Stockton uses anecdotes from his five-decade career to illustrate memorable points about the things that make a golfer successful--and none of them include taking the proper grip! Instead, he deals with the territory between your ears where the game is actually played. Topics like concentration, confidence, and composure get the full Stockton treatment, complete with helpful practical tips on how to develop them.
I found Stockton's words about visualizing the shot before you hit it to be particularly insightful. He says,
"The art of visualization is picturing in your head exactly what you want to happen and then letting your body go on a kind of autopilot and produce what you see."Don't stand behind the ball and imagine a 320-yard drive splitting the fairway, he continues. Instead, make your mind see the shot you normally hit--a good one, but realistic. If you have a ten-yard slice, visualize the ball doing that in the air and figure out where you have to aim to make it end up in the fairway where you want it. It's all about playing the game you have--and enjoying it.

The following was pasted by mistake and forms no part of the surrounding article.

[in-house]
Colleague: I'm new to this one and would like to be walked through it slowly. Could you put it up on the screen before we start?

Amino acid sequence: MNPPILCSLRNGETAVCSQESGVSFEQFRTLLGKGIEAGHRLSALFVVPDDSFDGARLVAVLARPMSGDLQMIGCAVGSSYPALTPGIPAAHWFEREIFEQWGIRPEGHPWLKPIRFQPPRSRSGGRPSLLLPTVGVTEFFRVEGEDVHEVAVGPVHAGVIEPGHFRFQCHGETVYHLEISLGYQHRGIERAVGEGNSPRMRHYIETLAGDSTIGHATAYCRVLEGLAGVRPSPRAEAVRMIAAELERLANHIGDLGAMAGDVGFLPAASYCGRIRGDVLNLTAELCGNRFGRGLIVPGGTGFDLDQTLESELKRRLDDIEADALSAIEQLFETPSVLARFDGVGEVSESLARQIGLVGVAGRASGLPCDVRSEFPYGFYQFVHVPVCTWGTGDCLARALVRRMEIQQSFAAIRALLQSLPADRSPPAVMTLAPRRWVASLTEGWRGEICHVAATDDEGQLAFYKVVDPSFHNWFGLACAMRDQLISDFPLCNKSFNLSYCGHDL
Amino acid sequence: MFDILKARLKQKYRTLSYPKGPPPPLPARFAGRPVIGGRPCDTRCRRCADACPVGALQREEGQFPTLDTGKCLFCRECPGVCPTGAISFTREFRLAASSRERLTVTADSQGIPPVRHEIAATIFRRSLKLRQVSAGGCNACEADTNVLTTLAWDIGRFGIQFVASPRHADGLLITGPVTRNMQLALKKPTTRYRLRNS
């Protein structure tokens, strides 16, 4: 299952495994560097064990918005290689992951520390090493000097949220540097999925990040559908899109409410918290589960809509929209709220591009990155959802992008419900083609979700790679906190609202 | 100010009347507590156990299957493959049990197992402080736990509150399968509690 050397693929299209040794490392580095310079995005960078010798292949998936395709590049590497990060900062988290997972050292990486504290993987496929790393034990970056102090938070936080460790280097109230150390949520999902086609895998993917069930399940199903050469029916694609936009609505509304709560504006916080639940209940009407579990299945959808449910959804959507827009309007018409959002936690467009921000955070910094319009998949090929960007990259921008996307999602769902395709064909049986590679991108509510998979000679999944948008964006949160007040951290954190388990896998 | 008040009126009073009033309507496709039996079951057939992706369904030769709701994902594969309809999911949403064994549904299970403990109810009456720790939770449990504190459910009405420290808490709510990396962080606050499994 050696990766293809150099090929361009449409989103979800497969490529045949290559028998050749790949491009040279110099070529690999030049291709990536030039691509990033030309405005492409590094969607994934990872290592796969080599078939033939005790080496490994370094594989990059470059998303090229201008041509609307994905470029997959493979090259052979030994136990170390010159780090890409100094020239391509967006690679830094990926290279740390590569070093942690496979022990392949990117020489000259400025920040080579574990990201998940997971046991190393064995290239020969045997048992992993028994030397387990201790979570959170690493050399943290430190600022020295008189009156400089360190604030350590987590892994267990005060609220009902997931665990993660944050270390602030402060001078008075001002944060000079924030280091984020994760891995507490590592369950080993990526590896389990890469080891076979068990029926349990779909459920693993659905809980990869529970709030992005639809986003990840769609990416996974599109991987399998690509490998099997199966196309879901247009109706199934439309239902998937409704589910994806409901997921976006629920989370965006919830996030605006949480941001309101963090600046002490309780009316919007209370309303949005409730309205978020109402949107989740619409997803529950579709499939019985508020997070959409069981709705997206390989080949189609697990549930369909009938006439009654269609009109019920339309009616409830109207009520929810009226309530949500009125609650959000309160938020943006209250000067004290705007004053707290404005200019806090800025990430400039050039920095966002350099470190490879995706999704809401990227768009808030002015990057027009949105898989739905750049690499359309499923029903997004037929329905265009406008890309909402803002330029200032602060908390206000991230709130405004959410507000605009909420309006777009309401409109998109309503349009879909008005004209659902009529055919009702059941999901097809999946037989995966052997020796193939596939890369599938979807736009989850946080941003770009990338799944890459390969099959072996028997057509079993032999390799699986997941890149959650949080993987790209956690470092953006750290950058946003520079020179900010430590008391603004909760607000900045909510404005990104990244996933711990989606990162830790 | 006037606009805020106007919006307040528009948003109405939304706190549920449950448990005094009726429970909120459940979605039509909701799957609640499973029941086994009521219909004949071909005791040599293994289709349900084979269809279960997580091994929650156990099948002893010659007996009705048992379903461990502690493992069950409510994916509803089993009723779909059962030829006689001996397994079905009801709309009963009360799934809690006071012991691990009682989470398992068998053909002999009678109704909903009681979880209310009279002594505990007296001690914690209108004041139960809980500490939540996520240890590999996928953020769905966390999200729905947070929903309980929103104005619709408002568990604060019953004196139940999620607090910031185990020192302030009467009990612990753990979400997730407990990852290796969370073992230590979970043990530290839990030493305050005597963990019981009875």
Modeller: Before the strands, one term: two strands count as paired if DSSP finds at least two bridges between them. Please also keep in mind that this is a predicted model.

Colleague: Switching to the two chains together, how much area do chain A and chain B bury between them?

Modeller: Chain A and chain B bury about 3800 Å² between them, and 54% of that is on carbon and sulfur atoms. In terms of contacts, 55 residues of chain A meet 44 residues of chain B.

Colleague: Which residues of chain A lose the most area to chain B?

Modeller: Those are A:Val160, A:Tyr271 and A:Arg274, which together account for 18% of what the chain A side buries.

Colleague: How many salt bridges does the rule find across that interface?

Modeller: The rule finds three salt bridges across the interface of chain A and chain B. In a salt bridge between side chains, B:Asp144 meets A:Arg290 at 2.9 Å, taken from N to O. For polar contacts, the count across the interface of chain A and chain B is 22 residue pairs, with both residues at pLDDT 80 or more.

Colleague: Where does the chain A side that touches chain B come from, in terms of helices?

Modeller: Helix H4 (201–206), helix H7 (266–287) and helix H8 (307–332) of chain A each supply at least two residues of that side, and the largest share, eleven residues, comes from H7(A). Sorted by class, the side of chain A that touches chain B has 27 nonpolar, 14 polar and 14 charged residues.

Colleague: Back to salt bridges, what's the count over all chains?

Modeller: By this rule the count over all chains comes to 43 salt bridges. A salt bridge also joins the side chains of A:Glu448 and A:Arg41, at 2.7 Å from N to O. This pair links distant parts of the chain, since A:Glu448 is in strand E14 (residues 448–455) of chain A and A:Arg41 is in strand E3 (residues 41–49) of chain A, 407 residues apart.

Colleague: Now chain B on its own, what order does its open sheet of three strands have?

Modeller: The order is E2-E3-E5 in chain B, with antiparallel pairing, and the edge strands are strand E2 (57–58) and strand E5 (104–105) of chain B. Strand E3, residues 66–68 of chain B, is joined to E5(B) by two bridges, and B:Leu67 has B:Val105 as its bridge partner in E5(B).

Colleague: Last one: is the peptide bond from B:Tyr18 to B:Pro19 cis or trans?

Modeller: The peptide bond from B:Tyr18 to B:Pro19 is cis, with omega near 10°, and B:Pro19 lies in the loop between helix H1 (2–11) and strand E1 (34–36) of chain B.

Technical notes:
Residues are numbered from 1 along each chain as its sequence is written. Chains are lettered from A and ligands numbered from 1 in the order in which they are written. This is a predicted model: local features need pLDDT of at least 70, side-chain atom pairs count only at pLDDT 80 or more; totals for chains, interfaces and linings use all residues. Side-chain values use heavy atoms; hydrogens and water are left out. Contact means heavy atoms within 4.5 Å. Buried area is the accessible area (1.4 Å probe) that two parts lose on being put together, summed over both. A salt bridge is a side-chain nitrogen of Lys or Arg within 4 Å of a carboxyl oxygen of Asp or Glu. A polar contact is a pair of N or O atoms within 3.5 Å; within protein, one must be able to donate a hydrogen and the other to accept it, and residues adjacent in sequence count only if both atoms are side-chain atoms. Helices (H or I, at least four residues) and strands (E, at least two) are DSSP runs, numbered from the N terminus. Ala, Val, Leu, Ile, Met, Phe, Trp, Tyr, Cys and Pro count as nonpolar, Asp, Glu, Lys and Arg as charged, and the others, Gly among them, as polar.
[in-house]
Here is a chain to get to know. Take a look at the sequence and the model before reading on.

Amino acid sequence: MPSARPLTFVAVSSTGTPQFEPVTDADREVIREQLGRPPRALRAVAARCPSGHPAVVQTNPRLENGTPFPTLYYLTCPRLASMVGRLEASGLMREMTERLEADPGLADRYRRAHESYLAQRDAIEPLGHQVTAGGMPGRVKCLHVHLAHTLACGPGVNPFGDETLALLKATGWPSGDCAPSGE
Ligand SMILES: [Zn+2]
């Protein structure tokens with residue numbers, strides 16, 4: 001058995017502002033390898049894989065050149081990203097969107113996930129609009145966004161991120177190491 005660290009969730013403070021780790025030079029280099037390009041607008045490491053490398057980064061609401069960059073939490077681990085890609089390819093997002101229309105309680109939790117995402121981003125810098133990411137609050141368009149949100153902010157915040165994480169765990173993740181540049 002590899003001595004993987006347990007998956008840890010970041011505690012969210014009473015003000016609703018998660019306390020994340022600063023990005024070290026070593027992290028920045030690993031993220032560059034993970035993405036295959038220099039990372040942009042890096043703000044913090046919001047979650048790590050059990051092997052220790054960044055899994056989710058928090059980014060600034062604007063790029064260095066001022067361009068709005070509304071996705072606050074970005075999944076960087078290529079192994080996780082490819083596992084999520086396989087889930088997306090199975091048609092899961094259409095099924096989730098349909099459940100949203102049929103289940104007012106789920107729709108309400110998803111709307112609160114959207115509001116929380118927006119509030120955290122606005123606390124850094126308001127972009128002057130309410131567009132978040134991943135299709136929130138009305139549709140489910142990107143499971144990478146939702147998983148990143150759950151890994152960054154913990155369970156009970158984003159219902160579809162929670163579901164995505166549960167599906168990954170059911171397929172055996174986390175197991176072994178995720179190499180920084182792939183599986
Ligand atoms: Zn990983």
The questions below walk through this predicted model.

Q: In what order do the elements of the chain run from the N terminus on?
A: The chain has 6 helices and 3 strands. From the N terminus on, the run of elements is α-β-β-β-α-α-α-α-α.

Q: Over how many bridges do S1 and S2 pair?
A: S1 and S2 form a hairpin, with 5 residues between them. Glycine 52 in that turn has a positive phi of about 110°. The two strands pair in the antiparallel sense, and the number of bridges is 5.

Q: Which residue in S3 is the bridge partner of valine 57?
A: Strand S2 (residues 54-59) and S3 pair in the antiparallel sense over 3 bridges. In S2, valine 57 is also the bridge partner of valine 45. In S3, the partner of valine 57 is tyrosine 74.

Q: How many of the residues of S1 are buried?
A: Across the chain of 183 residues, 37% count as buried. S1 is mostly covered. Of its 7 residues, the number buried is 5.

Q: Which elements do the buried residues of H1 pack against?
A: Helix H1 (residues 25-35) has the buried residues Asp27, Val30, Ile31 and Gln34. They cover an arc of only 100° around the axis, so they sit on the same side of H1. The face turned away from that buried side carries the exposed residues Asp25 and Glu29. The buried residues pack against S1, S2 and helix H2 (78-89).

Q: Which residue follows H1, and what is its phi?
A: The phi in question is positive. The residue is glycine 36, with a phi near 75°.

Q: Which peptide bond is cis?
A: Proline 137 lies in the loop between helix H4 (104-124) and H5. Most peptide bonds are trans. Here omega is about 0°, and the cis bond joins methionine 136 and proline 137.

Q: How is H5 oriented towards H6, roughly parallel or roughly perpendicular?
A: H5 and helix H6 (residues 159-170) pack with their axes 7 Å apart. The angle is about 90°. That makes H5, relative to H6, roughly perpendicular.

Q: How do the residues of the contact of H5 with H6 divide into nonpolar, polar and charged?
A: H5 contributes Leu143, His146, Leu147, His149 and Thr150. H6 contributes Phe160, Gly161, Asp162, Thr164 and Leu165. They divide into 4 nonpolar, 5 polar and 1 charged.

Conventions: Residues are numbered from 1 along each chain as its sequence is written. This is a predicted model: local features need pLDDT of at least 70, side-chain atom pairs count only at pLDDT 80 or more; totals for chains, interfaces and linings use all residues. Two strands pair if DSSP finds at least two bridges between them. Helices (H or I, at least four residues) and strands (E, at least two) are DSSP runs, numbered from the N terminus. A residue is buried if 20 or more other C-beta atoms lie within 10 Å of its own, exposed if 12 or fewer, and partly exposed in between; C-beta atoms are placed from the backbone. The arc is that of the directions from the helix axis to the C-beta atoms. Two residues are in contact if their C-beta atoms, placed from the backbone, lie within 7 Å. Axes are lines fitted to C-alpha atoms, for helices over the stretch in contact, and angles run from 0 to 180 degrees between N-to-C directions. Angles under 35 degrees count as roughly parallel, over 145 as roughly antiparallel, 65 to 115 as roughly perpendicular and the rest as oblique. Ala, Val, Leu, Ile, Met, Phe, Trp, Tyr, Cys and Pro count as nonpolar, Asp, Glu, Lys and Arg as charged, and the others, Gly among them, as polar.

Own Your Game is short and highly readable. It's also a small volume, so you could easily stuff it into your golf bag for a little helpful reading while you're waiting on the tee for the idiots in the group ahead to take six practice swings and chunk the ball another thirty yards down the rough.
Among many other books, Dave Donelson is the author of Weird Golf: 18 tales of fantastic, horrific, scientifically impossible, and morally reprehensible golf